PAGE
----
HTC Unveils Desire HD, Desire Z and Web-Based Utility
Apple may want HTC to stop selling Android-based phones, but HTC refuses to slow down and launched two new devices Wednesday to great fanfare. The phones may be new to the rest of the world but U.S. users will recognize the devices, called the Desire HD and Desire Z, as variations of the HTC Evo and T-Mobile G2.
But new phones weren't all HTC was offering. The company also said its Sense UI overlay will get some new features including new e-reading capabilities, revamped camera software and a new mapping feature called HTC Locations. The Taiwan-based phone maker is also launching a new Web-based utility that gives you remote access to your phone and data.
If you ever lose your HTC device, you may be able to retrieve a lot of your data thanks to HTC's new Web-based utility, HTCSense.com. All you have to do is log on to the website from a mobile phone or PC, and you'll be able to access you contacts, call history and old text messages. If you're trying to find your phone at home, you can use the site to get your phone to ring loudly (even if the ringer is on silent) to help you find it.
If your phone has been stolen, you can use HTCSense.com to remotely wipe your phone's data or lock it so no one else can use it. You can also have your phone calls and texts forwarded to another phone number through HTCSense.com.
HTC did not mention pricing (or lack thereof) for the service or whether older devices would be able to use the site. HTCSense.com will launch in October.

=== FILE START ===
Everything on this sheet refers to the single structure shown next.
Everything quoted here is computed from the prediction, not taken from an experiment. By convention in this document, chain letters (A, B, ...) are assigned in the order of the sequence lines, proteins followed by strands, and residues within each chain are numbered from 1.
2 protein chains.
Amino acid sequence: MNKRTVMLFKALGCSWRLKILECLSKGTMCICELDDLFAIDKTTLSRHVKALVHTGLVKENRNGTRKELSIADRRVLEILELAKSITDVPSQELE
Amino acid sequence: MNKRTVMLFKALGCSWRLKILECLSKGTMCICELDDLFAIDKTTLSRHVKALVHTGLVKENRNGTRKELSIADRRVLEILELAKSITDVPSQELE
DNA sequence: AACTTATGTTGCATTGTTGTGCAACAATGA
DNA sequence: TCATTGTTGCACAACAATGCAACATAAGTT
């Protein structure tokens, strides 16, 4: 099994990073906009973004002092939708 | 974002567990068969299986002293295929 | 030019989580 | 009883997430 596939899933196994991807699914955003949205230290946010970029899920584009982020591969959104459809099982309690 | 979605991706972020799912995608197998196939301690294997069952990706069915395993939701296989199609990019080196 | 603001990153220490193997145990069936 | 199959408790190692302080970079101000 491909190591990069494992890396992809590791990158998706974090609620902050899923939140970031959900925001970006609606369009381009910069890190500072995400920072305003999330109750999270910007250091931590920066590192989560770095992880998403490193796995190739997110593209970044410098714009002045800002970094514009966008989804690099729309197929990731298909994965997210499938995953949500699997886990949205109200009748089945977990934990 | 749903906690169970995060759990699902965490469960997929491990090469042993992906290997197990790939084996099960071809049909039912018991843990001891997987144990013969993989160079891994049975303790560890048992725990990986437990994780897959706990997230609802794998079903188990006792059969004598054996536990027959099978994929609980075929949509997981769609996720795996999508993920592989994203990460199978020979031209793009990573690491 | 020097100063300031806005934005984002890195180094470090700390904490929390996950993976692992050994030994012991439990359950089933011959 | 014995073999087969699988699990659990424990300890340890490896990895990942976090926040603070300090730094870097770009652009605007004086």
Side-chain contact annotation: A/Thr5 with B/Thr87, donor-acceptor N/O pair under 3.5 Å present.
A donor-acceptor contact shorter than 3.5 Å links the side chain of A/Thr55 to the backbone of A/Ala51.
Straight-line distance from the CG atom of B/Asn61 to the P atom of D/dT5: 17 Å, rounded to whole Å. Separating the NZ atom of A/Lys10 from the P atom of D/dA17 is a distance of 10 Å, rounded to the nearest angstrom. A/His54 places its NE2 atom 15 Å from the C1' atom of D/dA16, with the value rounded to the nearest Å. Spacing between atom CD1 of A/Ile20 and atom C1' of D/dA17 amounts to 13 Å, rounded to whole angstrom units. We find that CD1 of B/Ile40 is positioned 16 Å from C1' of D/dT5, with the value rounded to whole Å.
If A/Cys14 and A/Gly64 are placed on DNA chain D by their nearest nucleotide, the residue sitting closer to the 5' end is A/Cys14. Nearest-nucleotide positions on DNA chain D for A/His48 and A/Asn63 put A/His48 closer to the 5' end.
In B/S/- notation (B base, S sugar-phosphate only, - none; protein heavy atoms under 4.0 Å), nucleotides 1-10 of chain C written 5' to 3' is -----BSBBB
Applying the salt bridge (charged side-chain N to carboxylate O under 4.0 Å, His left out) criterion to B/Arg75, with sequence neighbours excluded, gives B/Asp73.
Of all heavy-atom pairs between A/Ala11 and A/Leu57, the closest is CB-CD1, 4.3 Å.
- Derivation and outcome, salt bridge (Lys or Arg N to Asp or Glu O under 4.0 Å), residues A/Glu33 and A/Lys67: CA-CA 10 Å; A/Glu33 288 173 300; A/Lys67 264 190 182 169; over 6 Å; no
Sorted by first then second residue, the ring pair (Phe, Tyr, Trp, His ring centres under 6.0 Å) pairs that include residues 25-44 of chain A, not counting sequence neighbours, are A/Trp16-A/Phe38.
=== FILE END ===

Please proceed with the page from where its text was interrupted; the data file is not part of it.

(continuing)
The specs for the HTC Desire HD are fairly close to the rumors that have been circulating about the device since July. The Desire HD has a unibody design built from a solid block of aluminum and features a 4.3-inch LCD display, Android OS 2.2, Dolby Mobile and SRS virtual sound, an 8 megapixel camera with dual flash and 720p high-definition video capture.
The Desire HD will also be the first phone to feature the updated 1 GHz 8255 Snapdragon processor, according to HTC. Detailed specifications have not been published so it's not clear what kind of storage size or connectivity options the Desire HD will have. The Desire HD will be available in Europe and Asia in October; no U.S. dates or pricing have been announced.
Despite lacking a U.S. launch date, the Desire HD's specs are very similar to Sprint's EVO 4G (minus the front-facing camera and kickstand). In fact, Engadget is calling the device the HTC "EVO for the rest of the world." So if the Desire HD sounds good to you, check out the Evo 4G as an alternative.
The Desire Z is HTC's latest social-networking focused phone, and features a slide out QWERTY keyboard that features a 'pop' hinge for fast access. The Desire Z has a 3.7-inch screen, a 5 megapixel camera with autofocus and 720p video capture, Android OS 2.2, and 800MHz processor. If these specs sound familiar, that's because the Desire Z is the same device as the T-Mobile G2.
Best Buy will start selling the T-Mobile G2 on October 6. The G2 will come with an 8GB microSD card and support cards up to 32GB in size. The new T-Mobile Android phone is also the first smartphone optimized for the carrier's HSPA+ network, and will be able to handle data speeds of up to 14.4 megabits per second.
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